These are increasing rapidly in price and, if the gains are maintained, Arla could be looking at a milk price heading well over 25p/litre by Christmas.
“But it’s fair to say milk prices will be set in co-operation with all parties and we want to pay the best price possible on a reliable basis,” he offers in recompense.
“Farmers have to invest a lot in their businesses and need to be able to plan.”
Another pressing issue Mr Lauritzen has already shown a willingness to tackle is getting UK farmers involved with the business.
Taking a stake
He has invited the Arla Foods Milk Partnership, which supplies almost 90% of the firm’s 2bn-plus litres of milk, to propose ways in which it would like to take a stake in Arla Foods UK.
He claims to have no idea about how this could happen but is hopeful a deal can be agreed by the end of the year if not earlier.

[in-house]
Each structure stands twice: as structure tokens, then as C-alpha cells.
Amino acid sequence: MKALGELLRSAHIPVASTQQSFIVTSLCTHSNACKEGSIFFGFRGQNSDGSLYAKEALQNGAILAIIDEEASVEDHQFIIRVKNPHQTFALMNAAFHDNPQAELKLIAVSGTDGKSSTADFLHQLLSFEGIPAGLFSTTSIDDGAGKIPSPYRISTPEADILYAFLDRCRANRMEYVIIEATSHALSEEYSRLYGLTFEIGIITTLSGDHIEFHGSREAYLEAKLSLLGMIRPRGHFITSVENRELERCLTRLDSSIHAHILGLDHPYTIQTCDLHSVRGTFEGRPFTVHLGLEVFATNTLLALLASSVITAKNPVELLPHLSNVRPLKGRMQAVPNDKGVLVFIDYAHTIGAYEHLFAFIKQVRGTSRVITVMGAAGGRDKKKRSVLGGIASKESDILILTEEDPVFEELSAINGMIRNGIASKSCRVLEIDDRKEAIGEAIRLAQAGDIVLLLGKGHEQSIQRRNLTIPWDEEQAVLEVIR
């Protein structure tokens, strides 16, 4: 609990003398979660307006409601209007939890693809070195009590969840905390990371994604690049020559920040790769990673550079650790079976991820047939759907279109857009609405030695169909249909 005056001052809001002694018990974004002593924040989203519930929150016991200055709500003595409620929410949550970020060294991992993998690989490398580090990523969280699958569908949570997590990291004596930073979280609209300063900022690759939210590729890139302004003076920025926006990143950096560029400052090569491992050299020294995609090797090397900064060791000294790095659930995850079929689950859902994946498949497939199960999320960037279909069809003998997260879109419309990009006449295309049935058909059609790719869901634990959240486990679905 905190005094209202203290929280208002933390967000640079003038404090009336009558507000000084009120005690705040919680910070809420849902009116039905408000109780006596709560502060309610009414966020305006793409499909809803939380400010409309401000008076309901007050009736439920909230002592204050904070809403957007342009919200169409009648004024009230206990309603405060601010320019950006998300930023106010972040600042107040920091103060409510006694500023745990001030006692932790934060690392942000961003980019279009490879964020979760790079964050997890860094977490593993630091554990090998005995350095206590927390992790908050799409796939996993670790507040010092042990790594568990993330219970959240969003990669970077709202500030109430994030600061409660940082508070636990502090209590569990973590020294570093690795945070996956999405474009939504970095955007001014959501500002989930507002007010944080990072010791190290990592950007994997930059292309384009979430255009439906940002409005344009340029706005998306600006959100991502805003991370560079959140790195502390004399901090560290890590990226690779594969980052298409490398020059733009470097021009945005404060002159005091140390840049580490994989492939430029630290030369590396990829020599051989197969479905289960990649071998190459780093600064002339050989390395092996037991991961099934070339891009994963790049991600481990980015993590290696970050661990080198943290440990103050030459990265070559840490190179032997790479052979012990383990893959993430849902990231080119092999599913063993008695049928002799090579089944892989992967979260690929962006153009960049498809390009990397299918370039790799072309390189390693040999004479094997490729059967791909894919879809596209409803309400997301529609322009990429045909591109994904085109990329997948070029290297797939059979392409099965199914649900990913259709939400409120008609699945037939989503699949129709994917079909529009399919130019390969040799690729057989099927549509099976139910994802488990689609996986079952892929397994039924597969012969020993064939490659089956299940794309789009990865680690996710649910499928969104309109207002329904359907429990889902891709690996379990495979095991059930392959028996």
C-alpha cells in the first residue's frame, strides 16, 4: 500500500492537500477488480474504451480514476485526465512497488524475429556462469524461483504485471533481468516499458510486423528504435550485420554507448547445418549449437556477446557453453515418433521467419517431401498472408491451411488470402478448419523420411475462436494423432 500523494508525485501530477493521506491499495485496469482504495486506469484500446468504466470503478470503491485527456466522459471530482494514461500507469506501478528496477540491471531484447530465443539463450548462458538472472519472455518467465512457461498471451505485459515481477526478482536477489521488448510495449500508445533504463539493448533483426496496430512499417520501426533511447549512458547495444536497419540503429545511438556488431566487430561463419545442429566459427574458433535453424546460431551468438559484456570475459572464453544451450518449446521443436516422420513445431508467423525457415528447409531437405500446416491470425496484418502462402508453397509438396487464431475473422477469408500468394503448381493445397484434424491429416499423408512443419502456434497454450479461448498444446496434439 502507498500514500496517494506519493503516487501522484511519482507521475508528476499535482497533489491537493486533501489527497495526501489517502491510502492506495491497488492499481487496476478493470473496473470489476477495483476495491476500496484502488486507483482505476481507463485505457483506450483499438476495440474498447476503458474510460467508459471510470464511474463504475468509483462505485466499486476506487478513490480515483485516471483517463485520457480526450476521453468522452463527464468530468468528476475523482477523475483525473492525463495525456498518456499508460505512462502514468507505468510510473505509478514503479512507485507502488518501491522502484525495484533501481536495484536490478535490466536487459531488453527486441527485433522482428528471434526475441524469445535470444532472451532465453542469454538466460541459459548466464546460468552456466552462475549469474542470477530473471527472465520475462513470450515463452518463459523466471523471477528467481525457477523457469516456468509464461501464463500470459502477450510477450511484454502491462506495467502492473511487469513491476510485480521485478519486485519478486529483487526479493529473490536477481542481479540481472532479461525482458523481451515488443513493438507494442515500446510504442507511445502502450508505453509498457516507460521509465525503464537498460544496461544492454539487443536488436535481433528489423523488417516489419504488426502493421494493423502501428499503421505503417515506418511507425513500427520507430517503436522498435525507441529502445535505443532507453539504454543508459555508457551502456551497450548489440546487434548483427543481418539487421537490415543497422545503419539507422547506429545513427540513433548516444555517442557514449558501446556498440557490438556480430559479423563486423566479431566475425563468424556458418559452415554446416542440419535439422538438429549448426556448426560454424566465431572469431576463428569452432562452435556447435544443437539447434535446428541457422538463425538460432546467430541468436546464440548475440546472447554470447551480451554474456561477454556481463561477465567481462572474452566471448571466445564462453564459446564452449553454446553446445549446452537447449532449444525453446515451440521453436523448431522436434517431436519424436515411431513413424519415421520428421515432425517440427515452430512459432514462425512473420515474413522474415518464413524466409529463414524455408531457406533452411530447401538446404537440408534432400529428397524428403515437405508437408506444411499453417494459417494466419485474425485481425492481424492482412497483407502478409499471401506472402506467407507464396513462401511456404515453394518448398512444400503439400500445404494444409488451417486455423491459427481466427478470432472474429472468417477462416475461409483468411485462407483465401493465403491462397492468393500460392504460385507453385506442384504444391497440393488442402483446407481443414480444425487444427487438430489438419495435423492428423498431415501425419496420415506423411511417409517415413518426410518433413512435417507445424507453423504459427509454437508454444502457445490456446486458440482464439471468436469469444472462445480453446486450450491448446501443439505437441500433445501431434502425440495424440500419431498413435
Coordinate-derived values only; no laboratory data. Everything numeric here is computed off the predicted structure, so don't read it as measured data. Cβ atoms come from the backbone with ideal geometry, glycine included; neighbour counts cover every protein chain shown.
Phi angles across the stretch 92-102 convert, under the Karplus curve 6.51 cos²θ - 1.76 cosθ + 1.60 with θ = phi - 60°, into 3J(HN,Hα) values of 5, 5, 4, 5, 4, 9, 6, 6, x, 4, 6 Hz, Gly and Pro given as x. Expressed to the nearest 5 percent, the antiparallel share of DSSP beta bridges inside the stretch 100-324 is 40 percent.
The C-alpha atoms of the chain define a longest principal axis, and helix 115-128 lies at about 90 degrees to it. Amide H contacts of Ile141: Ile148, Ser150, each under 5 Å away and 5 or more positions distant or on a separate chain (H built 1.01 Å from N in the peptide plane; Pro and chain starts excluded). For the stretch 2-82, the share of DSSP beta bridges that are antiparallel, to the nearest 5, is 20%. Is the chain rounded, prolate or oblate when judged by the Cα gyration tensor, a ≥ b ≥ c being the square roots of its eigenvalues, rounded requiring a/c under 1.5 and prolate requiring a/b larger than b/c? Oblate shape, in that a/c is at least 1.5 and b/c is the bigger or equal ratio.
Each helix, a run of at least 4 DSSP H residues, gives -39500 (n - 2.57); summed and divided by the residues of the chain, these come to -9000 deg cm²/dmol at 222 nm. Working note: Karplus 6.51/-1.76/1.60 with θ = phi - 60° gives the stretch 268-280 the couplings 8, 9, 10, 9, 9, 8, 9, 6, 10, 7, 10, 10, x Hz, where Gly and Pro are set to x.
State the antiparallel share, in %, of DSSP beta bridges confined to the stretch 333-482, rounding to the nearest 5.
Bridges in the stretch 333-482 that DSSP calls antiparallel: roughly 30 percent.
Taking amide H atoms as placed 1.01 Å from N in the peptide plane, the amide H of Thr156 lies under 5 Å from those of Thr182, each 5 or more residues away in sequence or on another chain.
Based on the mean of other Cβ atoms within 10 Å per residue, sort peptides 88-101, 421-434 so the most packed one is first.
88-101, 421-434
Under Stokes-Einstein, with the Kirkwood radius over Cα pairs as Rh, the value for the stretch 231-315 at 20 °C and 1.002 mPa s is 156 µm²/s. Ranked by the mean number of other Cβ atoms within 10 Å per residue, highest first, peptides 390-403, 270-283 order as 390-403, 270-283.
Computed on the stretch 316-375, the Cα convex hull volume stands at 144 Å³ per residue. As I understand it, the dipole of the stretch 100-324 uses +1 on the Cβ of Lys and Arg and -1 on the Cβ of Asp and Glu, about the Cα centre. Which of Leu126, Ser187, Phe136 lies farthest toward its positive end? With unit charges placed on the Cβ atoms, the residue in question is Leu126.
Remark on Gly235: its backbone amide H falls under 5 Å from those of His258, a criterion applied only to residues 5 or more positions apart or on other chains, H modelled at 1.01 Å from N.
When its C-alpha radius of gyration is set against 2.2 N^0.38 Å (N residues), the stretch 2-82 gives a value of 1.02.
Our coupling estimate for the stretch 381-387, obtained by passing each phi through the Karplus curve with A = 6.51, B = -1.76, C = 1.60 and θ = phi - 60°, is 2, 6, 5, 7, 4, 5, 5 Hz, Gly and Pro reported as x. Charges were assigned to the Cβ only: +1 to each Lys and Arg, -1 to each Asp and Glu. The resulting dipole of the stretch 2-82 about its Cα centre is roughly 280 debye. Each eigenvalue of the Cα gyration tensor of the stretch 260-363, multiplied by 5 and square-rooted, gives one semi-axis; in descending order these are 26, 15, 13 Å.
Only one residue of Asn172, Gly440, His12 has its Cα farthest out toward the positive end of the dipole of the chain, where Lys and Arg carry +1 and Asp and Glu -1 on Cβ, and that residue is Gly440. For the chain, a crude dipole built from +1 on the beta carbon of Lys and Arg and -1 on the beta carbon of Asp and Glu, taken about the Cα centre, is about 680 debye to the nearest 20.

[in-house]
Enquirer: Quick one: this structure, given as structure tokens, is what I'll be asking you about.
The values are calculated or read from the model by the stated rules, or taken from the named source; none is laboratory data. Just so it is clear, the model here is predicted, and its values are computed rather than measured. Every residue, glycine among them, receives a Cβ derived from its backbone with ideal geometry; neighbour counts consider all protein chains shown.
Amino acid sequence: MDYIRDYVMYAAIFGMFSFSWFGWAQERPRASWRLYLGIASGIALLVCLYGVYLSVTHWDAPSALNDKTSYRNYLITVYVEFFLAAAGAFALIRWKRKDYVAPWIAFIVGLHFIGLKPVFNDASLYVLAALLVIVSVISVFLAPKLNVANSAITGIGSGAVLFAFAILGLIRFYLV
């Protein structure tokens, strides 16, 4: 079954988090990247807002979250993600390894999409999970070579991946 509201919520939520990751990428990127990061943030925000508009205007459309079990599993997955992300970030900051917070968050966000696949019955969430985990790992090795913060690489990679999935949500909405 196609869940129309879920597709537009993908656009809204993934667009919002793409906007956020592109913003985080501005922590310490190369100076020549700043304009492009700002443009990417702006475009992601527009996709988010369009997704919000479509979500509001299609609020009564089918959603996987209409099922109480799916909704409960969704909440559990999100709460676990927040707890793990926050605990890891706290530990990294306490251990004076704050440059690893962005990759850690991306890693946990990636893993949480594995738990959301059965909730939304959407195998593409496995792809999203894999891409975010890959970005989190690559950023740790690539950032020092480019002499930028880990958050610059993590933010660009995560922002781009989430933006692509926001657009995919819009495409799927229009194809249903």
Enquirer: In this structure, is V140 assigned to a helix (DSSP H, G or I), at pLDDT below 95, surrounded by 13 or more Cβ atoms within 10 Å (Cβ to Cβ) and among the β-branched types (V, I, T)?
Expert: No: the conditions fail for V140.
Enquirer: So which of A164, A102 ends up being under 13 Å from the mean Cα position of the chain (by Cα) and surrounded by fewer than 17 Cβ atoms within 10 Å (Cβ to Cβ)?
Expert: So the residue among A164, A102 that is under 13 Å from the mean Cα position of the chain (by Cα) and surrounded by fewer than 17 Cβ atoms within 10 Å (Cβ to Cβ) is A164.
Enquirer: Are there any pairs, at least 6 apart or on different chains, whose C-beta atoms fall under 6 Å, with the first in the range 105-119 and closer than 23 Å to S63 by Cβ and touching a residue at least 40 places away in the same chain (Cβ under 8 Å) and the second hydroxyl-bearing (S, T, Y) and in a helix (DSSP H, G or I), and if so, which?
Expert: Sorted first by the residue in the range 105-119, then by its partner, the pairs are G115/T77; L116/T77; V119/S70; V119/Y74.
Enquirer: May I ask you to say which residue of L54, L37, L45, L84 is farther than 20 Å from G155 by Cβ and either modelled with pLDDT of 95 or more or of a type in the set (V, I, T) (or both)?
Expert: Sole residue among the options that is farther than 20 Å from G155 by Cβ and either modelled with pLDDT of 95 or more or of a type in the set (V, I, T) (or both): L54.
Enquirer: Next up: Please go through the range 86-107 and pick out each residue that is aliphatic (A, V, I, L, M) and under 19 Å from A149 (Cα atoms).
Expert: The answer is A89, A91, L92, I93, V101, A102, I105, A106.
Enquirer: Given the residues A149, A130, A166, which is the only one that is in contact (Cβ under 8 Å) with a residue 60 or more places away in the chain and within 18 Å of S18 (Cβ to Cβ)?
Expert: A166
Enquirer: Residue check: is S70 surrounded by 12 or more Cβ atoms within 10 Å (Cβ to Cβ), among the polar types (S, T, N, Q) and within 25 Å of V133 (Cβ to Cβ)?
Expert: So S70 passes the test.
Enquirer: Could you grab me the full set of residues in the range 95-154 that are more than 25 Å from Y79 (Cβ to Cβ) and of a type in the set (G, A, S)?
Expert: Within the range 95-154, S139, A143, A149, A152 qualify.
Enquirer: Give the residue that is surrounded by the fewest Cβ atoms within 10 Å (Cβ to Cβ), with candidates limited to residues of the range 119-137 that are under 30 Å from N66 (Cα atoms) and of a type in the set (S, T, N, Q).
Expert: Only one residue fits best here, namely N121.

Longer term, he says this could be the first phase towards AFMP’s members achieving their aim of joining Danish and Swedish milk producers as full Arla amba co-op members, but he offers no guarantee such a move will definitely happen.
Getting to know each other
The British and Scandinavians probably need some more time to get to know each other first, he says.
Off duty, Mr Lauritzen says he enjoys a good pint of bitter – he doesn’t even like lager – a taste acquired when he started his career as a young man in a small Arla trading office in Cheshire. “You have fantastic bitters.”
First impressions are you wouldn’t mind joining him for a few down the pub and maybe get to hear some of those stories from his time abroad.
But dairy farmers will want to see further significant price increases and the offer of a meaningful stake in the business before they are able to completely put their trust in this latest Danish invader – even if he does show them his legs.